Figure 2: Incidence of atrial fibrillation in three different groups in post coronary artrery bypass surgery, Group I: No pacing n= 54 (16.6%), Group II: RA pacing n= 52 (12.5%), Group III: Bachmann Bundle pacing n= 48 (0%)

Discussion

Previous studies demonstrated that use of beta-blockers and sotalol have beneficial effect in prevention of postoperative AF [8,9]. Daoud and associates showed that preoperative amiodarone therapy was effective in reduction of postoperative AF [10]. Medical therapy as a prophylactic agent against post-CABG AF, may be limited by other medical disease, such as asthma, thyroid dsyfunction, or liver function derangement [11,12].

We demonstrated that Bachmann bundle overdrive pacing is more effective in reducing the incidence of AF after CABG than control and single-site right atrial pacing. This type of pacing was also associated with a significantly reduced length of hospitalization. Atrial overdrive pacing from Bachmann bundle site reduced the mean Pdur significantly. Patients who develop AF have a prolonged postoperative hospital stay compared with patients who remain in sinus rhythm; this finding was confirmed in the present study. Recent evidence shows that prolonged hospitalization is attributable to arrhythmia rather than clinical characteristics of AF patients [8,13,14,15]. Overdrive atrial pacing has been proposed for the prevention of AF recurrence in patients with bradycardia and paroxysmal AF [16]. Because temporary pacing leads are routinely used after open-heart surgery, there have been some preliminary reports on the effectiveness of atrial pacing in preventing post-CABG AF [17,18]. Biatrial pacing was introduced as a new pacing modality for the prevention of atrial tachyarrhythmias in patients with AF and advanced interatrial conduction block [19], but the actual incidence of advanced interatrial conduction block is rare in the general population, with a prevalence estimated at 1% [20].

Animal studies demonstrated that dispersion of refractoriness and anisotropic conduction are two essential elements for sustaining atrial arrhythmia [21,22], and both have been implicated in the pathogenesis of postoperative AF [23]. Pacing at a higher rate can suppress bradycardia-induced atrial premature contractions and may reduce the dispersion of refractory periods [24]. Unique pacing sites can "pre-excite" the abnormal substrate and, subsequently, increase the coupling interval of activation by a premature beat, thus preventing the initiation of reentry. Au et al.  performed a small case-control study that showed no difference between biatrial pacing and controls in two groups of 52 patients. This study was however very small and non-randomized [25]. A randomized trial with biatrial pacing or controls showed the incidence of AF to be 17.9% in the biatrial pacing group compared to an incidence of 33.9% in the control group [26]. Bachmann bundle pacing results in homogeneous activation of both atria and maintains intraatrial and interatrial synchrony [11,27]. This may help to prevent atrial fibrillation in this subgroup of patients [30].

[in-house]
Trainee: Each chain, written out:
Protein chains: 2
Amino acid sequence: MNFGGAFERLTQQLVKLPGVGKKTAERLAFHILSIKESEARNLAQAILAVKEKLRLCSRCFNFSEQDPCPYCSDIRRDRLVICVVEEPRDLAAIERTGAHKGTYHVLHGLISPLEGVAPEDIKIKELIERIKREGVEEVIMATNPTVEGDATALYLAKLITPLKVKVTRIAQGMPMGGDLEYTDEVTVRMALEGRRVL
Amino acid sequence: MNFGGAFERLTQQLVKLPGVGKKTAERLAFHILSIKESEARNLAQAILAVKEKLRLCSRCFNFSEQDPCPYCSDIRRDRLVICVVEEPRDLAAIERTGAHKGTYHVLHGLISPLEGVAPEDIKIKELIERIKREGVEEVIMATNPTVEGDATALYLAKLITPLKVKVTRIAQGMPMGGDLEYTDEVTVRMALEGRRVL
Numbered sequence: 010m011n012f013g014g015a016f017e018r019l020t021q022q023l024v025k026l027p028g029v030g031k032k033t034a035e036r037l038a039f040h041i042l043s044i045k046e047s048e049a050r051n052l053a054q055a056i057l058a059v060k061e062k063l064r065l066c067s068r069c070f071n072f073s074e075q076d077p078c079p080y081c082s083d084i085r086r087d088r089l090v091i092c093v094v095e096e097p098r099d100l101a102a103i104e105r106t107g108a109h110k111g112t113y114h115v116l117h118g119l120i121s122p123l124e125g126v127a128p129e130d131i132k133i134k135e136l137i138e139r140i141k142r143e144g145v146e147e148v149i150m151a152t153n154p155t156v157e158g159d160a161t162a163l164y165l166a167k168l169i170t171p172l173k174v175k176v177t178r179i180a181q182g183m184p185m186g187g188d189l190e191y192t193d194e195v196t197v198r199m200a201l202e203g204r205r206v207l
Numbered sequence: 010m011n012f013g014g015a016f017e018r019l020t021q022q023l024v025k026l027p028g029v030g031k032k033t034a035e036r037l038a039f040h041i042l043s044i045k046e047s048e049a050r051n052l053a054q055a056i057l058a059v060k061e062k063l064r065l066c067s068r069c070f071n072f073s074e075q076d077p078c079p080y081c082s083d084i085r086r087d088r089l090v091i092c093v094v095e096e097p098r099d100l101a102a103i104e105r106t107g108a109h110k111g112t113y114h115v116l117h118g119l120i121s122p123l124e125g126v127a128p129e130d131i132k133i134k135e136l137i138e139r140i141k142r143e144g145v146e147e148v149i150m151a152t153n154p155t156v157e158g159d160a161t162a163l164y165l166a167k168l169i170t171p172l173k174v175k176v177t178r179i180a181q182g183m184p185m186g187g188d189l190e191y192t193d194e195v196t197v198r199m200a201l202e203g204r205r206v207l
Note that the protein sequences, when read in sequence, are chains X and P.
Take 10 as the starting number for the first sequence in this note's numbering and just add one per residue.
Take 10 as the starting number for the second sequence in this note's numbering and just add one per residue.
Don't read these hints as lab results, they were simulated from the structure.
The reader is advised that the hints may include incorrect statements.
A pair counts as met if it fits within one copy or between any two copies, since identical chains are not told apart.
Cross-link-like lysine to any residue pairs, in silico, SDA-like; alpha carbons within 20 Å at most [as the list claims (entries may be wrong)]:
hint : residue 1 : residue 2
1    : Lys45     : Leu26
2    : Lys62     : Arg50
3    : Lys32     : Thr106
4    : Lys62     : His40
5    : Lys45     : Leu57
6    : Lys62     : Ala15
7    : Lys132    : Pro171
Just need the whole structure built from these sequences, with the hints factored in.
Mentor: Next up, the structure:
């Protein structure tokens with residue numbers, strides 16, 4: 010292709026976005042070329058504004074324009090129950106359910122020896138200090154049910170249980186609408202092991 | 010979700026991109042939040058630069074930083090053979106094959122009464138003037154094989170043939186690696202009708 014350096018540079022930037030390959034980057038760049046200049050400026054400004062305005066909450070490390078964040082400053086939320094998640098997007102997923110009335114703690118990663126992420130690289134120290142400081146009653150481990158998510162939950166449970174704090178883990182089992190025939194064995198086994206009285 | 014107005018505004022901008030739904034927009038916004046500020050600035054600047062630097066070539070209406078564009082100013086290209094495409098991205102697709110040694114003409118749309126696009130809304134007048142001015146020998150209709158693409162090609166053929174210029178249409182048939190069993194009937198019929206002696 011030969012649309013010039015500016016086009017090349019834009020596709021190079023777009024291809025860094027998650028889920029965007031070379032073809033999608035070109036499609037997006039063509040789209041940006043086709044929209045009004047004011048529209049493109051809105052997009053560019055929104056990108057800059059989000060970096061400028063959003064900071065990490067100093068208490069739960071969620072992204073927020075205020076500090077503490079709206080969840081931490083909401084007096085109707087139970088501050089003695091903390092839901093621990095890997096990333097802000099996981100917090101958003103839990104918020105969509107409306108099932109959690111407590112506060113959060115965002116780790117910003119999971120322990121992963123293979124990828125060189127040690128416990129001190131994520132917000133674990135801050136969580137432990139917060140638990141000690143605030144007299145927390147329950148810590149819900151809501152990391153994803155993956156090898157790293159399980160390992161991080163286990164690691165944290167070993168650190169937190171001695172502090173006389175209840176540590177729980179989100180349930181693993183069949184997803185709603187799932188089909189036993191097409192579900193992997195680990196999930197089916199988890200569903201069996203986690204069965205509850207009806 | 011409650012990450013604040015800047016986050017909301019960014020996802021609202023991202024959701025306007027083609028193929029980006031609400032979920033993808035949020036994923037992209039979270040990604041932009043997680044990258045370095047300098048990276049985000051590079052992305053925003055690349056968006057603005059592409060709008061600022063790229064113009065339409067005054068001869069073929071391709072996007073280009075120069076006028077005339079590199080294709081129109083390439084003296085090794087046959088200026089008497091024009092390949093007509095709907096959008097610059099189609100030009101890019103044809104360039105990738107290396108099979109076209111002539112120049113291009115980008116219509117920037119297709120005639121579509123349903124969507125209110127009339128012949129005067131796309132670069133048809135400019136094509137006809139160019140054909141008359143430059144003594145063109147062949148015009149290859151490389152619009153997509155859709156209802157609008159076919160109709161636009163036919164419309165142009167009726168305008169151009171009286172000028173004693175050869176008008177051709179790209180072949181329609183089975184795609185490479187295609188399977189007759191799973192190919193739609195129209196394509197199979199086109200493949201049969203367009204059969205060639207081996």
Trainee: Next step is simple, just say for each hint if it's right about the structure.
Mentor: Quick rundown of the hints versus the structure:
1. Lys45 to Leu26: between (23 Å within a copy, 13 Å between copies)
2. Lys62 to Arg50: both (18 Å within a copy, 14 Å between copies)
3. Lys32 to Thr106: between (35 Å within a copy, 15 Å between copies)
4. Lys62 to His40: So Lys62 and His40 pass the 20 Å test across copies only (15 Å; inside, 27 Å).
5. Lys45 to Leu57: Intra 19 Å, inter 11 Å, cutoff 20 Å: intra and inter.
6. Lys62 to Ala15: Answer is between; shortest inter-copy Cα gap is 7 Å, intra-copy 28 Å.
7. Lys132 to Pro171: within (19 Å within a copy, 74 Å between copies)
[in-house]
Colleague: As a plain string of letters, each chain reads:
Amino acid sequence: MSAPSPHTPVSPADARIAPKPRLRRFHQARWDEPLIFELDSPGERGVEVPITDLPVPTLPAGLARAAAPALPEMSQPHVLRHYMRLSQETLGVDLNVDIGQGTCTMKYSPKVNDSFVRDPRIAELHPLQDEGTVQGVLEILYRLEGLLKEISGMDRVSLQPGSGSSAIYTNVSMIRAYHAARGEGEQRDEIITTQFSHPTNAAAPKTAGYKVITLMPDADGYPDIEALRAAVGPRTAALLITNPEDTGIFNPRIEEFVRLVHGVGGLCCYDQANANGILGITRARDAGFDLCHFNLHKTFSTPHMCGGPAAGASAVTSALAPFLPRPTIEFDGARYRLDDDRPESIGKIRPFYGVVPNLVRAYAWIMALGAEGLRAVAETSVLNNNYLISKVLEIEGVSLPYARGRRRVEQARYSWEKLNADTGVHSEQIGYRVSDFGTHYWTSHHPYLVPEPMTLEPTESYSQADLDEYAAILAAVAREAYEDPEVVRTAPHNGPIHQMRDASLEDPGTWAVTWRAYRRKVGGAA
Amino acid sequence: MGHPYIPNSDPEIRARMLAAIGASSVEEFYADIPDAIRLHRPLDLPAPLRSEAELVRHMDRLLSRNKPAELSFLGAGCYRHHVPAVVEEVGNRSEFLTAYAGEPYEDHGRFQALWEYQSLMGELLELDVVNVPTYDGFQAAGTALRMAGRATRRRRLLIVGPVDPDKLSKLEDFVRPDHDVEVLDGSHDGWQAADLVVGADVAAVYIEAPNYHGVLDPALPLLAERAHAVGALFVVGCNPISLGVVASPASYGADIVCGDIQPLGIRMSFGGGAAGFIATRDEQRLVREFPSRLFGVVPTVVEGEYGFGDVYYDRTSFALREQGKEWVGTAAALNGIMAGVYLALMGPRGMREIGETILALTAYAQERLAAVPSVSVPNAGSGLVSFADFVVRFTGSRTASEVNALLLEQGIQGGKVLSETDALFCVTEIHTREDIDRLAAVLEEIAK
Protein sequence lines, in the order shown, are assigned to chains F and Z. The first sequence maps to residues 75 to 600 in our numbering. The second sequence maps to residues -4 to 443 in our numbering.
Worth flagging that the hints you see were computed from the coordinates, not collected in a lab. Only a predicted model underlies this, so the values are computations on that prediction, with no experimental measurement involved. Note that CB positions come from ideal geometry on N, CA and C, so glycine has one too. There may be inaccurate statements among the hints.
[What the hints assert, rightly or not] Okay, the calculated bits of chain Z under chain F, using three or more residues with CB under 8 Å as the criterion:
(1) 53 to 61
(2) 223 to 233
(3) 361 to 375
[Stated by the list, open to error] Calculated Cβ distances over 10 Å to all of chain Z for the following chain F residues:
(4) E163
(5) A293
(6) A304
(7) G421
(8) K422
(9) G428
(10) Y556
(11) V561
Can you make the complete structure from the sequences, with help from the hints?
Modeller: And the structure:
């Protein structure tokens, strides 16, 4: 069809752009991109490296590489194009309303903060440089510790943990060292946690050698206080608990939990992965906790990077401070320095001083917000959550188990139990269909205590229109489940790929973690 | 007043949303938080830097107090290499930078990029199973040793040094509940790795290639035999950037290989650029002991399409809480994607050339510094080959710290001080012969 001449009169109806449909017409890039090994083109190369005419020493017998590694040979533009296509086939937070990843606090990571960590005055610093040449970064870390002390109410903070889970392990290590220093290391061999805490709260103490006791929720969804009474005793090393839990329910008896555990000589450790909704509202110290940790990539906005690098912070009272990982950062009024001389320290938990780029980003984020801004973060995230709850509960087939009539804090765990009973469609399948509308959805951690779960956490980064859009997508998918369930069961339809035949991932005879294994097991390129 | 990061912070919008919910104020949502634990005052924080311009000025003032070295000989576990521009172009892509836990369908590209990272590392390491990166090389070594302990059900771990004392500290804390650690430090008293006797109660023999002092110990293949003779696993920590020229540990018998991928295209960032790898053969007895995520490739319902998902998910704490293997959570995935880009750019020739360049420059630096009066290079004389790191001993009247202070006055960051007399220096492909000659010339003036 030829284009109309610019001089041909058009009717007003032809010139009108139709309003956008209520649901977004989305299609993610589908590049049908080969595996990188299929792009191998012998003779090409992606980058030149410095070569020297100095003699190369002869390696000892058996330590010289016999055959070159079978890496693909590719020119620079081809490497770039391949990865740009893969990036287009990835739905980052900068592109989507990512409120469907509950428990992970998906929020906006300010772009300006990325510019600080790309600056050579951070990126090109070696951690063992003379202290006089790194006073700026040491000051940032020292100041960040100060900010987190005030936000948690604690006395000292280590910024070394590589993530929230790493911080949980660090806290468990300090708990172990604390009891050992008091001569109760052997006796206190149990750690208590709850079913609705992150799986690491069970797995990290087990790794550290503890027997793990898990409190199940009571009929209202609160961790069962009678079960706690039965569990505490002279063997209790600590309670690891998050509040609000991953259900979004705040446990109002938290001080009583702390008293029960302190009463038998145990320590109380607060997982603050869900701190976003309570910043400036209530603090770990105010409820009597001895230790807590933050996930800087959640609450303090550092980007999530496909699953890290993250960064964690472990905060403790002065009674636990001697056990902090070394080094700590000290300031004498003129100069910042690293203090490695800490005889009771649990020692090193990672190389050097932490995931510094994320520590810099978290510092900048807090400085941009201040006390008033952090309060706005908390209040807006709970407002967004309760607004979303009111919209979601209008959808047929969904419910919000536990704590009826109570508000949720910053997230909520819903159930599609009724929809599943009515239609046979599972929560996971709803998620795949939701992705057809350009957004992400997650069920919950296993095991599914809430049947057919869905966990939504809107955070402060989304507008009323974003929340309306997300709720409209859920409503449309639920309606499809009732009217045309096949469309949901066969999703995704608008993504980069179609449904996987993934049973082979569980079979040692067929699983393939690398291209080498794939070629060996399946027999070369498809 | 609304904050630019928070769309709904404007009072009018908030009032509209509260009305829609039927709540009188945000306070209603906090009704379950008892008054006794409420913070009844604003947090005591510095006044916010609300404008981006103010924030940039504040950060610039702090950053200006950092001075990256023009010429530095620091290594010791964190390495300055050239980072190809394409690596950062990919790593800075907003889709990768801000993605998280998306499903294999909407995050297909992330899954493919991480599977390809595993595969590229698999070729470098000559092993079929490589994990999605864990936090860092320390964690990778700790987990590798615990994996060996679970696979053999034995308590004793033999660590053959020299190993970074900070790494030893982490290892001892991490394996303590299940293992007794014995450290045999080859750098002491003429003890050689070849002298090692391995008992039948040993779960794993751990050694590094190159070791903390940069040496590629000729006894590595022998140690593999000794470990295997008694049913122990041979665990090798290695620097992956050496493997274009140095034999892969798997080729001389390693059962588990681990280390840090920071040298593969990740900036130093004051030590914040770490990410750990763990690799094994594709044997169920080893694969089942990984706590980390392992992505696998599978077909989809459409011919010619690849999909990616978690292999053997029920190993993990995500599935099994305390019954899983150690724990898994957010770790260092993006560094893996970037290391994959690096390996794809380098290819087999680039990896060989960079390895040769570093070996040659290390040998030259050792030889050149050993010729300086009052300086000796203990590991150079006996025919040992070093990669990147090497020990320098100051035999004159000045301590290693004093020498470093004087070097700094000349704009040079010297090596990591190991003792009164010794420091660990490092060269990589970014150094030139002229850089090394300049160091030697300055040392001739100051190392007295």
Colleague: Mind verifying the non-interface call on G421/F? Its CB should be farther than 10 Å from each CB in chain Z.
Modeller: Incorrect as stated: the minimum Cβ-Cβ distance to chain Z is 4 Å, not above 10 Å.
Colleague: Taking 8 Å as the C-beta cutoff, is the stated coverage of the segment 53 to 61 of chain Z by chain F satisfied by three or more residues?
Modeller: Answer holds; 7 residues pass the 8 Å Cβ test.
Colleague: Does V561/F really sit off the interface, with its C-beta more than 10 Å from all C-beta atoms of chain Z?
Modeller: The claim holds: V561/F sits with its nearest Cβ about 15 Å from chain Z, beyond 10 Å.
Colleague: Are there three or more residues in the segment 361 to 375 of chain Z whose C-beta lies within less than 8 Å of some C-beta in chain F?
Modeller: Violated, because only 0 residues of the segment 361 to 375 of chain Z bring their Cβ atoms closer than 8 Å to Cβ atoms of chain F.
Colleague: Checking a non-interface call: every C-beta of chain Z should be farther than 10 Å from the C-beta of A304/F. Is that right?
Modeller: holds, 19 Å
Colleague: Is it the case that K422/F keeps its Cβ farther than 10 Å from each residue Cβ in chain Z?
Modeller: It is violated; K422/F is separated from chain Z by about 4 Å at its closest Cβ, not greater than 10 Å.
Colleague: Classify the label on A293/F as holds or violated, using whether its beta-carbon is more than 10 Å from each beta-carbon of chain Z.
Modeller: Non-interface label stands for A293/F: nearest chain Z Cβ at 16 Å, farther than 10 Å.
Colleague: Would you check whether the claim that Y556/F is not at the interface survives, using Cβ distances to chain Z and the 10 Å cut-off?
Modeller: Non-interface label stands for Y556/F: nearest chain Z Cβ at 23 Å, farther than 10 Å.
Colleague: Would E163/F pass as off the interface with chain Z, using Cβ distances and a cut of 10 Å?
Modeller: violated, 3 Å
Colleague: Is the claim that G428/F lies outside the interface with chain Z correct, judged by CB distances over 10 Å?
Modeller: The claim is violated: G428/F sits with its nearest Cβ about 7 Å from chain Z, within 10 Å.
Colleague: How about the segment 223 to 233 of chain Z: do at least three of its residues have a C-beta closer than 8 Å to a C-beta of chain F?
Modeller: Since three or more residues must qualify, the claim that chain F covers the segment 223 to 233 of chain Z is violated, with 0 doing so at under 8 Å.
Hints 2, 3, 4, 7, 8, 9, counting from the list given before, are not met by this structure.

The economic consequences of post-CABG complications were studied [14,28,29].  It showed that AF was one of the less expensive but most common complications, occurring in 20% of patients [29]. Bachmann Bundle pacing reduces hospital stay, reducing the morbidity related to AF and economic burden.

Conclusion

AF is commonly encountered after CABGS, and it results in an increased hospital stay. In patients undergoing coronary artery bypass surgery, Bachmann bundle pacing results in a significant reduction in mean P wave duration on surface ECG and is superior to right atrial / no pacing in the post operative period for preventing occurrence of atrial fibrillation and reducing intensive care unit stay.